Description - Best Groundcovers and Vines for the Prairies by Hugh Skinner
""This is a long-needed reference book and it couldn't have come from a more knowledgeable and reliable source. Everyone involved in creating gardens in this climate should have this book in their collection."" -Wendy Mackie, former Director of Assiniboine Park Conservatory in Winnipeg Groundcovers and vines are among the most useful hardy plants for the challenging prairie region, but until now gardeners have lacked a prairie-specific source of information about these versatile plants. Sara Williams and Hugh Skinner draw on their years of prairie gardening experience to provide landscaping and cultivation advice, along with comprehensive descriptions and photographs of the very best groundcovers and vines for the area. In this book, gardeners will find plants for every situation, from sheltered bogs to windswept gravelly berms, from moist shaded woodland to hot west-facing gardens. Most exciting to the keen prairie gardener are the extensive descriptions of over two-hundred species of prairie-hardy groundcovers and vines, from tried-and-true favourites to exciting new cultivars. Each featured plant entry includes a handy "Plant at a Glance" section, a quick and easy starting point for plant selection that summarizes the plant's size, characteristics, suggested uses, and cultural requirements. In addition, each plant is described in detail with fascinating information provided about its origins, traditional uses, and folklore. Further detailed information explains how to grow each plant, followed by a list of the best cultivars available.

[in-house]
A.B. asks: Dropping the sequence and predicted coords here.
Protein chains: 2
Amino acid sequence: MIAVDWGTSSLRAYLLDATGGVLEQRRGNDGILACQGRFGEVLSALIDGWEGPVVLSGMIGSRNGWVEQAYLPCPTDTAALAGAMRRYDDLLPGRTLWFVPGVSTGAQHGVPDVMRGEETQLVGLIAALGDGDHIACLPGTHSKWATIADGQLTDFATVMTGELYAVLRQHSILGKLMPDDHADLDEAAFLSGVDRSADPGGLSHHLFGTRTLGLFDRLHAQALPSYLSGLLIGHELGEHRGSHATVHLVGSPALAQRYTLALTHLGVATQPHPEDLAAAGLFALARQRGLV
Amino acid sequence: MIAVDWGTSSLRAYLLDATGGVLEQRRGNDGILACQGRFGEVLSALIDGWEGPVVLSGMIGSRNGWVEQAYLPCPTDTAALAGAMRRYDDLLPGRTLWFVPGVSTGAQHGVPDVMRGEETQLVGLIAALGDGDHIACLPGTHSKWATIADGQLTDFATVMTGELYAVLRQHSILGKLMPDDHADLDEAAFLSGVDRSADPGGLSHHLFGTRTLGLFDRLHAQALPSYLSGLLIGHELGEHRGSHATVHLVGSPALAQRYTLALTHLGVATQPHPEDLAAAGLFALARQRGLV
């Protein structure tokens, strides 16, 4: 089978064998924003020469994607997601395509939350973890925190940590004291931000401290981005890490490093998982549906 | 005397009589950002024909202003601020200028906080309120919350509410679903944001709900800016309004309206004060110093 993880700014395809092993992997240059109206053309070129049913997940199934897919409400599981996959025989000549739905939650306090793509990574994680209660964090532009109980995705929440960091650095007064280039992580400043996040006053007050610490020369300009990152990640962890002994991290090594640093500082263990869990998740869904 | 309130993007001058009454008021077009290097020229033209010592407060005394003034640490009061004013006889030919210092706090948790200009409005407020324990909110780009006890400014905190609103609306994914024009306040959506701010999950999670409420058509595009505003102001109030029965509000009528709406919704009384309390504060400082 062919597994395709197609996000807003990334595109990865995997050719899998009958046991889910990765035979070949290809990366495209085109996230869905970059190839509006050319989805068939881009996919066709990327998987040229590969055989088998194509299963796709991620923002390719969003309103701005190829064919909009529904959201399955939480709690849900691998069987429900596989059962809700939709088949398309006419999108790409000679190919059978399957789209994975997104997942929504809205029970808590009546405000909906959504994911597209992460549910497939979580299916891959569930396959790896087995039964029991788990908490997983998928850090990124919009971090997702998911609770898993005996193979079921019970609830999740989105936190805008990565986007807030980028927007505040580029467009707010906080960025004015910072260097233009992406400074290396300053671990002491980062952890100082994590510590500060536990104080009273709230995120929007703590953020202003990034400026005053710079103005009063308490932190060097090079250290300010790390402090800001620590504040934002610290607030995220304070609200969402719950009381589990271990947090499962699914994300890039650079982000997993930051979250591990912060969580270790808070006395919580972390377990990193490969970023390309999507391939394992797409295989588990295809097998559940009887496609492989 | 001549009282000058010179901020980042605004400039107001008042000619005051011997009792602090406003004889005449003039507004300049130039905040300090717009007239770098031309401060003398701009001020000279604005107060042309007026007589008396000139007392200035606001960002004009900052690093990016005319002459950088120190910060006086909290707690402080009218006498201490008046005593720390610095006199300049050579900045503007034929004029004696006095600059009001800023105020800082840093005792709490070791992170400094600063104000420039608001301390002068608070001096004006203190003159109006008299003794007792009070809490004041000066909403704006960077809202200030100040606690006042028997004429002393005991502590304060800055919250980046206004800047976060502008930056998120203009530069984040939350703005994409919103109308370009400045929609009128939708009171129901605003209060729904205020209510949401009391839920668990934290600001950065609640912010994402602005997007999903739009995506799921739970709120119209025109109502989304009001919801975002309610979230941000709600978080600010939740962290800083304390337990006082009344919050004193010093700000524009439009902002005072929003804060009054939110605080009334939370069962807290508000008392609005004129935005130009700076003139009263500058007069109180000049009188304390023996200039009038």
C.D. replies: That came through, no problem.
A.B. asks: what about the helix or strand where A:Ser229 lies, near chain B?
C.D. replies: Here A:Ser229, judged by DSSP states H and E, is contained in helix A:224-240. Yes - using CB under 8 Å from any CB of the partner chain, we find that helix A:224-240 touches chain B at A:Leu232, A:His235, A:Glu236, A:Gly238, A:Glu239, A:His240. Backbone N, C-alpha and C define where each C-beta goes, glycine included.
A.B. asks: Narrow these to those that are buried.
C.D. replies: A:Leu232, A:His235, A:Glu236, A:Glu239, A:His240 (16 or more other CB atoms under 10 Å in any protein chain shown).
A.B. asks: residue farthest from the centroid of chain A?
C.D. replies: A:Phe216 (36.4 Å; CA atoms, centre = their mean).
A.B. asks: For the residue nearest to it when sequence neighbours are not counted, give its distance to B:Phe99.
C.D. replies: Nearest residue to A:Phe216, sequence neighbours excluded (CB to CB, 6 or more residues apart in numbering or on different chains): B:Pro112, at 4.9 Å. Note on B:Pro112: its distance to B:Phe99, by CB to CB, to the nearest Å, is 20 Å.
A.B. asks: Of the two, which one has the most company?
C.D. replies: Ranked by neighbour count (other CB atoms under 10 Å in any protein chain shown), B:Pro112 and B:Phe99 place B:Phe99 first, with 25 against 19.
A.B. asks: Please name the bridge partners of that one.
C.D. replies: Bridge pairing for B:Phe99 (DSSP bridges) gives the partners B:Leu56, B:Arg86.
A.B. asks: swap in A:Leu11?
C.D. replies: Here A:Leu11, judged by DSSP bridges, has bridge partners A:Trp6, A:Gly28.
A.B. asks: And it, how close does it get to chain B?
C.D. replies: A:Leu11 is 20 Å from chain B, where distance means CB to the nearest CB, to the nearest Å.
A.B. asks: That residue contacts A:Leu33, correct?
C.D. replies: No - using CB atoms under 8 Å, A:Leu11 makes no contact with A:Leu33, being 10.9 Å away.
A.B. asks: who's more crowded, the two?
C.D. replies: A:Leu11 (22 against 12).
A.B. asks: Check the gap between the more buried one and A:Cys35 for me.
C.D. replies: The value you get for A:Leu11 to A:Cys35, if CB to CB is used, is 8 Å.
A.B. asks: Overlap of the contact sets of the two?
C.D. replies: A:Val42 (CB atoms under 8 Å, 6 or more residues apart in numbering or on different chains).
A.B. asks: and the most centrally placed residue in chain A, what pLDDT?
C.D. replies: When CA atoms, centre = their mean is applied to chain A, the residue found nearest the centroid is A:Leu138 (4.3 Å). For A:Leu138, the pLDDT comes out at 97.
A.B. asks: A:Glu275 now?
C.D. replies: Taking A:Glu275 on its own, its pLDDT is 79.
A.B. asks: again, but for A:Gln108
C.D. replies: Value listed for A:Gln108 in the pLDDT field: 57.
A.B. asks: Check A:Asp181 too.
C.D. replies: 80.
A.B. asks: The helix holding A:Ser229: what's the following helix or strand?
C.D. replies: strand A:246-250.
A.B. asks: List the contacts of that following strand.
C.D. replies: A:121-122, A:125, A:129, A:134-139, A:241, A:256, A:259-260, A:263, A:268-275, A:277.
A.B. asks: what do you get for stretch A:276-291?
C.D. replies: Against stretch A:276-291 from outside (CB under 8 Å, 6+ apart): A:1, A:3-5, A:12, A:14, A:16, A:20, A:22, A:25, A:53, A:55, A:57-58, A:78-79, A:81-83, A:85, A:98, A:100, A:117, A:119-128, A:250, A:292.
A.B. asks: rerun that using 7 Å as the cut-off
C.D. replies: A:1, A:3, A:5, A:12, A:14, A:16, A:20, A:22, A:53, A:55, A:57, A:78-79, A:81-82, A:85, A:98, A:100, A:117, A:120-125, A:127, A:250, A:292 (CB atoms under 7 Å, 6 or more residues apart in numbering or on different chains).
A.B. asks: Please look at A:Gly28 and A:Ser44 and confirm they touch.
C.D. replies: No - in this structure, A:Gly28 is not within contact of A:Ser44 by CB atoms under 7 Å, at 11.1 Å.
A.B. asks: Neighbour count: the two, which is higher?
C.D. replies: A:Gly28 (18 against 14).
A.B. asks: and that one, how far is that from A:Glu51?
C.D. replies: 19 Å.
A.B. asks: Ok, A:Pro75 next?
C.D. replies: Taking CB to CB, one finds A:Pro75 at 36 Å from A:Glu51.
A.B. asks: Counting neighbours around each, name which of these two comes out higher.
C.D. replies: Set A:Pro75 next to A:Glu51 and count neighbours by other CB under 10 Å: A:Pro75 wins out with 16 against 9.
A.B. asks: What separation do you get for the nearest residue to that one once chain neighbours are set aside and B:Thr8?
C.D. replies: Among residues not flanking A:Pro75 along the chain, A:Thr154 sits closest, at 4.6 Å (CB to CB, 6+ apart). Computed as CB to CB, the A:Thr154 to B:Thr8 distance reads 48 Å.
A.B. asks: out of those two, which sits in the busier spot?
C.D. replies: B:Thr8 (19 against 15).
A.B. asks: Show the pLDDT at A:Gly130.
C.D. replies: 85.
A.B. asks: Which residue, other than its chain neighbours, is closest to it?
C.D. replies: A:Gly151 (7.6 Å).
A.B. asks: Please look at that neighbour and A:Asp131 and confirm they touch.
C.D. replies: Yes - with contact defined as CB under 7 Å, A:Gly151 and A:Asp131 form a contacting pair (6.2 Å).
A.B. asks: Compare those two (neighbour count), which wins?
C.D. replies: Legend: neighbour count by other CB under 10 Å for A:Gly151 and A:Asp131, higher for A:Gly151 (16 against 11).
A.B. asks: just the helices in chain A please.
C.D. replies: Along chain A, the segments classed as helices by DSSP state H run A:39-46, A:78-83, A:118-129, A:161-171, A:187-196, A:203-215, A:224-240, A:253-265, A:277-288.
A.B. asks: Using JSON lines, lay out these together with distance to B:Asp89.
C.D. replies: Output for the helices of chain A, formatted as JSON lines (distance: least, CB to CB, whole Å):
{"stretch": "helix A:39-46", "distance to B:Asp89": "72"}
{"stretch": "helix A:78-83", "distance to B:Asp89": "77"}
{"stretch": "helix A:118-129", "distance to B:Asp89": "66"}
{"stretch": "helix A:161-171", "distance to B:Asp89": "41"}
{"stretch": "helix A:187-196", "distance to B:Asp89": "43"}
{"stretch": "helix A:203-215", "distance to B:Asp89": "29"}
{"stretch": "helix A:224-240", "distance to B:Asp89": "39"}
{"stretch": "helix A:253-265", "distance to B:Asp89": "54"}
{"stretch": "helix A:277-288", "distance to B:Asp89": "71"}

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(228mm x 158mm x 15mm)
Fitzhenry & Whiteside
Publisher: Fitzhenry & Whiteside
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Book Reviews - Best Groundcovers and Vines for the Prairies by Hugh Skinner
Author Biography - Hugh Skinner
Hugh Skinner has a B.S.A. in horticulture from the University of Manitoba and has been active in the nursery industry for thirty years. He grows a wide variety of hardy plants and maintains a large collection of trees in the Frank Skinner Arboretum near Roblin, Manitoba, the result of ninety years of plant collecting, testing, and breeding, first started by his father, Frank Skinner. His garden is home to a wide variety of vines and groundcover plants.Sara Williams has retired as the horticultural specialist at the University of Saskatchewan. She is the co-author of Perennials for the Plains and Prairies and author of the award-winning Creating the Prairie Xeriscape and In a Cold Land: Saskatchewan's Horticultural Pioneers. She holds a B.Sc. and M.Sc. in horticulture from the University of Saskatchewan.